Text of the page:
I am heartened by this. I know we can’t obliterate racism. But when I look at that New York Times map and see how much of the deep south that still went for McCain are colored blue, I can’t help but feeling disheartened about Massachusetts.

We all have compelling images in our minds of Barack Obama and his family from what we seen over the past few days and you can look at any news website and see him. But after seeing an article in The New York Times about the Lincoln exhibit at the National Portrait Gallery, I thought this photograph was one of those “picture is worth a thousand words” images to use as an addendum to this column.

My previous columns on racism:

Oct. 19, 2008
Powell provides poetic justice to racists”

Oct. 18, 2008 “Racists will be thrilled if McCain wins and Obama ends up on food stamps”

Read “Miss Martin’s rules for classroom manners” for rules and guidelines for commenting on this column.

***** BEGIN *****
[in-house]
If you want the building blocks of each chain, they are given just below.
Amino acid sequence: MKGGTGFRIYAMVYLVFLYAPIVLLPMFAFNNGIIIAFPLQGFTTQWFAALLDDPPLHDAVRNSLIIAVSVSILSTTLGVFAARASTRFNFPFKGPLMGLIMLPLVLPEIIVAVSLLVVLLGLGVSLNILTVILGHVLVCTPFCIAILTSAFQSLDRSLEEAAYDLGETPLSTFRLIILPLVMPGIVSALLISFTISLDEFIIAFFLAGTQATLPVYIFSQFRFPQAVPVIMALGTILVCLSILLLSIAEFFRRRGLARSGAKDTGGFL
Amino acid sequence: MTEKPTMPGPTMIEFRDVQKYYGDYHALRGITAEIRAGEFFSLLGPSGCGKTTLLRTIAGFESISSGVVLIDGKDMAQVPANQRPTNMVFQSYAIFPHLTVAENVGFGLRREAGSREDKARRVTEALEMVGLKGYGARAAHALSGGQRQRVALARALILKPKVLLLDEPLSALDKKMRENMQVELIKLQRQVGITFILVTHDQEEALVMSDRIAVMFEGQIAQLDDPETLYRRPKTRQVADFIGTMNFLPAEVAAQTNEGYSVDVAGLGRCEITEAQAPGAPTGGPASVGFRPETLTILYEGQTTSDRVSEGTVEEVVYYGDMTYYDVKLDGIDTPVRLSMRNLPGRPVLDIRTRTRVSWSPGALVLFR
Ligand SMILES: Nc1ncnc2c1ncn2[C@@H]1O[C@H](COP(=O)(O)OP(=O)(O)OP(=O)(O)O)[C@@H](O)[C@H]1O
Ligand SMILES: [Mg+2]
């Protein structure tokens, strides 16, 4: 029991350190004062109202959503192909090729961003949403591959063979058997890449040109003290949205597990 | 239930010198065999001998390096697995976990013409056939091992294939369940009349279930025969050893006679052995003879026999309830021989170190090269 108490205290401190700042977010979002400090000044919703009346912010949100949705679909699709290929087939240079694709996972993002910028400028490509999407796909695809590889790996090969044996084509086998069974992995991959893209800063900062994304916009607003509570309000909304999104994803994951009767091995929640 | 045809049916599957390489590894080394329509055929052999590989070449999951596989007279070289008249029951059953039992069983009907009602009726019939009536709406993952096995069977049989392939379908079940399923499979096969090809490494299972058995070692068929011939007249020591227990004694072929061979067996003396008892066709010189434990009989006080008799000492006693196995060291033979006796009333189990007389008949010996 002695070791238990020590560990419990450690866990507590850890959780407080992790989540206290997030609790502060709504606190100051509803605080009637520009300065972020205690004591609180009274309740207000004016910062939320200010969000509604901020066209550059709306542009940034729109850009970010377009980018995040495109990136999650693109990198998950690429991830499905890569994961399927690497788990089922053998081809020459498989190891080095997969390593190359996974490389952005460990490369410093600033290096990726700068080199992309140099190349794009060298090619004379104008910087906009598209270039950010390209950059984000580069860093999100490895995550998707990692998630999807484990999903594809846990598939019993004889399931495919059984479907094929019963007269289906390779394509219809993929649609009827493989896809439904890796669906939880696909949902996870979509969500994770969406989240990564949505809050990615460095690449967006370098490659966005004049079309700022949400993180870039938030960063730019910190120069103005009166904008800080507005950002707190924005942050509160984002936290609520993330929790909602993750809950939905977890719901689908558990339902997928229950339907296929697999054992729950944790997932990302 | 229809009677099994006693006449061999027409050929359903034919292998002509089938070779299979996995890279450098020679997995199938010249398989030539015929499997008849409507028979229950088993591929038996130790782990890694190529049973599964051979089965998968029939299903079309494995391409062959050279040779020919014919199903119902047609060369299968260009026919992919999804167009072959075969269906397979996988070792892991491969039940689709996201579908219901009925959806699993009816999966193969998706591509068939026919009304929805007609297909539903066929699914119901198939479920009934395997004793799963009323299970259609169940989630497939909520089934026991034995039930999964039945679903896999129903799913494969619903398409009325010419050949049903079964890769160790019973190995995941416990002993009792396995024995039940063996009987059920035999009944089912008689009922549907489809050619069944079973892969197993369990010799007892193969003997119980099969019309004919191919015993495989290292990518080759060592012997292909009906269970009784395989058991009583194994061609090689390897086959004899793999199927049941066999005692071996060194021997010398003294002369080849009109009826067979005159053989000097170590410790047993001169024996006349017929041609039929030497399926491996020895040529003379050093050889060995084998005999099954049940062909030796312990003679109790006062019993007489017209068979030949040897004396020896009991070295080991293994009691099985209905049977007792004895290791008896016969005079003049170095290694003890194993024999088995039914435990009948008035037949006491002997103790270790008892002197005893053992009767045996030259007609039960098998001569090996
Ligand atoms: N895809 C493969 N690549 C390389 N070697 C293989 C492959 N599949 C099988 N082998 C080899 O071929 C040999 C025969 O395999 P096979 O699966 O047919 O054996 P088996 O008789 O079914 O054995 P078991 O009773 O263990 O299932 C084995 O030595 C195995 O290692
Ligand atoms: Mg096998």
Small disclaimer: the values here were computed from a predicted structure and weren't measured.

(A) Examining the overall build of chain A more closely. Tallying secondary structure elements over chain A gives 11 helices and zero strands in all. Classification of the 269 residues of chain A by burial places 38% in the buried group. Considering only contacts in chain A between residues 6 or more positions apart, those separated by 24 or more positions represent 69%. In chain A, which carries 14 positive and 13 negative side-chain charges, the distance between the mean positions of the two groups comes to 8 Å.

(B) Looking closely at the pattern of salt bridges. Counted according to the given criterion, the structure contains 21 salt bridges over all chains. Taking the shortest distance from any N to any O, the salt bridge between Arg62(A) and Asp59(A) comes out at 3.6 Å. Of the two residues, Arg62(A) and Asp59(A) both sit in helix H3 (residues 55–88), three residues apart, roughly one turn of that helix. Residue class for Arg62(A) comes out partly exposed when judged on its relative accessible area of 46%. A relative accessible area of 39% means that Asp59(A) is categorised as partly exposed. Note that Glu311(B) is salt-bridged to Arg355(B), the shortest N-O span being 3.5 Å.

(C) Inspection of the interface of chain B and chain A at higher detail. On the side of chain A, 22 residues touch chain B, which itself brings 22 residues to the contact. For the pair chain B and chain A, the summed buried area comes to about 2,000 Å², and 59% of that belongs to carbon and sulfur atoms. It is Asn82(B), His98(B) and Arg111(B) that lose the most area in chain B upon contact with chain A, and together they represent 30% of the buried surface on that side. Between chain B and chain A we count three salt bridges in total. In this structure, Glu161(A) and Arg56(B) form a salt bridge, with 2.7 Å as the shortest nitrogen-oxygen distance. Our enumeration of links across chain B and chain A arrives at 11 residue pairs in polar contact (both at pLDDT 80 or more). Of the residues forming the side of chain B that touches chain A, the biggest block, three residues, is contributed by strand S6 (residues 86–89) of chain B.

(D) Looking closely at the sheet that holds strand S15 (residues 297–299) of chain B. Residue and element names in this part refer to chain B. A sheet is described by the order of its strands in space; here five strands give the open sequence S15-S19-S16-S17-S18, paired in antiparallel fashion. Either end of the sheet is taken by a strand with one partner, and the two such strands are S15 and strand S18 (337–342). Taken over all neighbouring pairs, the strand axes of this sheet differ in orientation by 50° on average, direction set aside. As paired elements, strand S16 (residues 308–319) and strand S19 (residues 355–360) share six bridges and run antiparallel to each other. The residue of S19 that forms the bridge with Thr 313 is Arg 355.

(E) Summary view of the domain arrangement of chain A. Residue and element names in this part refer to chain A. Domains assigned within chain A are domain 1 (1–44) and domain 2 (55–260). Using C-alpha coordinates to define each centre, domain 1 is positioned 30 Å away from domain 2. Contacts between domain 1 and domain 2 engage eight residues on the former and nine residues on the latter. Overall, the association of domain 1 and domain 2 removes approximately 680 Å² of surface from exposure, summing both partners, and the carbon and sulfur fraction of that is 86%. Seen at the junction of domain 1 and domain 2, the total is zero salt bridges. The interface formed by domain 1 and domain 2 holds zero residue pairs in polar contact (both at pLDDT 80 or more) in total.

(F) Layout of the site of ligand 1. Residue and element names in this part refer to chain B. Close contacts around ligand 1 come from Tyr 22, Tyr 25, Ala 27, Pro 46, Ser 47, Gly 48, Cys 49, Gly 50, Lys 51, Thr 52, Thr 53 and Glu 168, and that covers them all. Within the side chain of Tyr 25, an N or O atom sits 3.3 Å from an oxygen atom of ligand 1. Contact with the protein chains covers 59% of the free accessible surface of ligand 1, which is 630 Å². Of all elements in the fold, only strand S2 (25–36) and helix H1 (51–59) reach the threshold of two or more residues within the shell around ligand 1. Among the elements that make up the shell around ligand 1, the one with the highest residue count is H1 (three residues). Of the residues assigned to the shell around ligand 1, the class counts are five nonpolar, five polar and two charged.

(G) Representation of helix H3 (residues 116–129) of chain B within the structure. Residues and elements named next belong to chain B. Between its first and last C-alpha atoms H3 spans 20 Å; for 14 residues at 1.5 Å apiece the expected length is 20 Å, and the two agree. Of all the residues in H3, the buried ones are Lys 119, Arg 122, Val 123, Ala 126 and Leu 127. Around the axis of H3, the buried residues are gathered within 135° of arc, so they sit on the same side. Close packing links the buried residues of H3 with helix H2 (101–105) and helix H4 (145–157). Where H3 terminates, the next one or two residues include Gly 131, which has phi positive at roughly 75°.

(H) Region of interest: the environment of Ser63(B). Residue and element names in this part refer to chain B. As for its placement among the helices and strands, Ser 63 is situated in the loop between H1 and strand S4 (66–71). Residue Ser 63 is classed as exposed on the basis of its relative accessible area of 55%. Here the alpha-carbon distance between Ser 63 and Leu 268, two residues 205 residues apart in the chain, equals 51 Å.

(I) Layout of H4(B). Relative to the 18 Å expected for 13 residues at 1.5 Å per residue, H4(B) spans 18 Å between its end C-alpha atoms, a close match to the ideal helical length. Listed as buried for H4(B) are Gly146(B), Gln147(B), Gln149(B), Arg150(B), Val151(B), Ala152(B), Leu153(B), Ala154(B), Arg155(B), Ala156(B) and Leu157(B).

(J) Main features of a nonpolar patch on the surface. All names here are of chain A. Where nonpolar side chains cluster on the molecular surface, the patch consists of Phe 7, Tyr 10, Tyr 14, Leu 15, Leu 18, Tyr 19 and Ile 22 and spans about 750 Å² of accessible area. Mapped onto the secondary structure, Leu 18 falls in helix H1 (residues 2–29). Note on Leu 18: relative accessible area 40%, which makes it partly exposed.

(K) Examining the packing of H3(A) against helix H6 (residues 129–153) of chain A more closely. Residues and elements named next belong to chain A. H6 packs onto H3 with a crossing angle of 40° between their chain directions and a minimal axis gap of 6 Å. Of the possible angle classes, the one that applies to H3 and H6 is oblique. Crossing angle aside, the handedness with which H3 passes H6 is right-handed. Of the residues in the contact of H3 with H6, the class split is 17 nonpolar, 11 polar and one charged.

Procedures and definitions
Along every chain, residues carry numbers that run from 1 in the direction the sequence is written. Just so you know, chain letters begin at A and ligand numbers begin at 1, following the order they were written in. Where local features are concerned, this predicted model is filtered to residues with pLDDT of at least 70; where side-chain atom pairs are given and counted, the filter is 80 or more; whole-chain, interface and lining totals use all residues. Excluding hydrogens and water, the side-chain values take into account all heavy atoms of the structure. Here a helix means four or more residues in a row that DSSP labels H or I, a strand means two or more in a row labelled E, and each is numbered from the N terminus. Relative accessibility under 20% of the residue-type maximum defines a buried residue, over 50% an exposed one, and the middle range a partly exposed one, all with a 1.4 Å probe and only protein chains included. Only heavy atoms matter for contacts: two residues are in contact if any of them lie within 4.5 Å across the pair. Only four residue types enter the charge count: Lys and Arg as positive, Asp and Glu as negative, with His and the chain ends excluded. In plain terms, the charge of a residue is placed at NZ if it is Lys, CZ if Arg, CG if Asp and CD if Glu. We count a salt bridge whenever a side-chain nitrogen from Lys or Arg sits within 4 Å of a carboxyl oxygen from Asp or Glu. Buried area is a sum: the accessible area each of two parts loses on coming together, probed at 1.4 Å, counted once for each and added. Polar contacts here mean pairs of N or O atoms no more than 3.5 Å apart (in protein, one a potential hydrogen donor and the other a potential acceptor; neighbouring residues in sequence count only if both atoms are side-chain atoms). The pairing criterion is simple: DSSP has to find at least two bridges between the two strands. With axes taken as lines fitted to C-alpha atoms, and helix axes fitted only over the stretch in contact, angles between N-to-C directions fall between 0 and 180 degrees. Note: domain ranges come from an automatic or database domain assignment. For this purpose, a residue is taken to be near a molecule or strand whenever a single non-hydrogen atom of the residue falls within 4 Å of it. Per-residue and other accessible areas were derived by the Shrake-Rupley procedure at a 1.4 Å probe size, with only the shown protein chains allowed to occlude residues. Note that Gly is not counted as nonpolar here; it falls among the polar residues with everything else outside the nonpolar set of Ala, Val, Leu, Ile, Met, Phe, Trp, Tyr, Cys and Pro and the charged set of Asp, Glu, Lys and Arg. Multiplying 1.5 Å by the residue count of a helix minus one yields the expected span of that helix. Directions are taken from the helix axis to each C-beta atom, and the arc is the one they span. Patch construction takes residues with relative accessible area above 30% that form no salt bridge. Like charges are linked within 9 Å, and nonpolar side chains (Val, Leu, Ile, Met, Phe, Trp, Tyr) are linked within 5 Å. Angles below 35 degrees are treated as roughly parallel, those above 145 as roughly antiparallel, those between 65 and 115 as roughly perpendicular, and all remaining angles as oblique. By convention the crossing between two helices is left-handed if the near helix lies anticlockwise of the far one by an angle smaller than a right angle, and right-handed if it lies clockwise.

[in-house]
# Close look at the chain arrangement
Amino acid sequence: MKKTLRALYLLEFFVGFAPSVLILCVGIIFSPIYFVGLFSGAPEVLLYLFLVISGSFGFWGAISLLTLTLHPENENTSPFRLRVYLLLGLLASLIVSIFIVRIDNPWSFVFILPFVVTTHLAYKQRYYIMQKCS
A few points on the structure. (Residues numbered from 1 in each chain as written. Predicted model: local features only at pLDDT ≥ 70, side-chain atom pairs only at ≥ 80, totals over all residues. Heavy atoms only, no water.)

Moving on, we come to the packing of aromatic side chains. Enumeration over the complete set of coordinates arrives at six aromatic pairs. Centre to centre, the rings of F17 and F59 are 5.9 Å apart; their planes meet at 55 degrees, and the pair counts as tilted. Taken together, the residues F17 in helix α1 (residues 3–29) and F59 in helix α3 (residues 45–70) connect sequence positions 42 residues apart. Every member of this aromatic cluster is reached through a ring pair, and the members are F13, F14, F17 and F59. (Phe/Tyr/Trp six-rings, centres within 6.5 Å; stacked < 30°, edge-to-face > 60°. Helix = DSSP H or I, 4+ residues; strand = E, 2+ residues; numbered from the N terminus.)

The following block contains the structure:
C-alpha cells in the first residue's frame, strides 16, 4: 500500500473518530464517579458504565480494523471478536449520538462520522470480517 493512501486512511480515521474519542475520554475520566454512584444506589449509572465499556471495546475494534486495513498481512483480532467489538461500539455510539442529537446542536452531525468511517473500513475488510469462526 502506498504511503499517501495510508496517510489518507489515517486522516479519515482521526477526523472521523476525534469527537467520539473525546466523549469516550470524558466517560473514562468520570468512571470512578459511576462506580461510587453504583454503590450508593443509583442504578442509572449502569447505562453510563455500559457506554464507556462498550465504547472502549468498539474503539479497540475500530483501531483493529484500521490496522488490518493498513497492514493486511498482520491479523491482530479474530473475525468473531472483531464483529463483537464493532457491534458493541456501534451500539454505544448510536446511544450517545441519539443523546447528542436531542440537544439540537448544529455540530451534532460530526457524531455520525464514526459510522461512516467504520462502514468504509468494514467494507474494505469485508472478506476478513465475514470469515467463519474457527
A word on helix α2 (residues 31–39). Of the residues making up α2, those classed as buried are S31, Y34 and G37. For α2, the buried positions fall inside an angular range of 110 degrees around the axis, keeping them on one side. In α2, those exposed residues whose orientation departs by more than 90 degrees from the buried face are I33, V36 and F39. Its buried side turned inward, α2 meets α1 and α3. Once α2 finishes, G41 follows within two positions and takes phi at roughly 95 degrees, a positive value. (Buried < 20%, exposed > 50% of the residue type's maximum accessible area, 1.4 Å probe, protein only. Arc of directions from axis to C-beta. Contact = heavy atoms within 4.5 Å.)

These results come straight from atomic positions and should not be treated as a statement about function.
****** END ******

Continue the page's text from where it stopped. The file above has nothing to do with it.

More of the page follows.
1. Hal Brown

    Well said. You have the makings of a book or long magazine essay here.

    I think some of this is what Obama was getting at with the remark about people in these areas clinging to their guns and religion. Not unexpectedly, first Hillary Clinton and later the Republicans took portions out of context because out of context they sound so dismissive and, yes, elitist.


    “You go into these small towns in Pennsylvania and, like a lot of small towns in the Midwest, the jobs have been gone now for 25 years and nothing’s replaced them. And it’s not surprising, then, they get bitter, they cling to guns or religion or antipathy to people who aren’t like them or anti-immigrant sentiment or anti-trade sentiment as a way to explain their frustrations.”

    Clinton knew exactly what Obama meant, but she was smart enough to realize that the voters she needed weren’t interested in sociology. So she came out with comments like “people of faith I know don’t ‘cling’ to religion because they’re bitter” and “people embrace faith not because they are materially poor but because they are spiritually rich” and “people don’t need a president who looks down on them. They need a president who stands up for them.”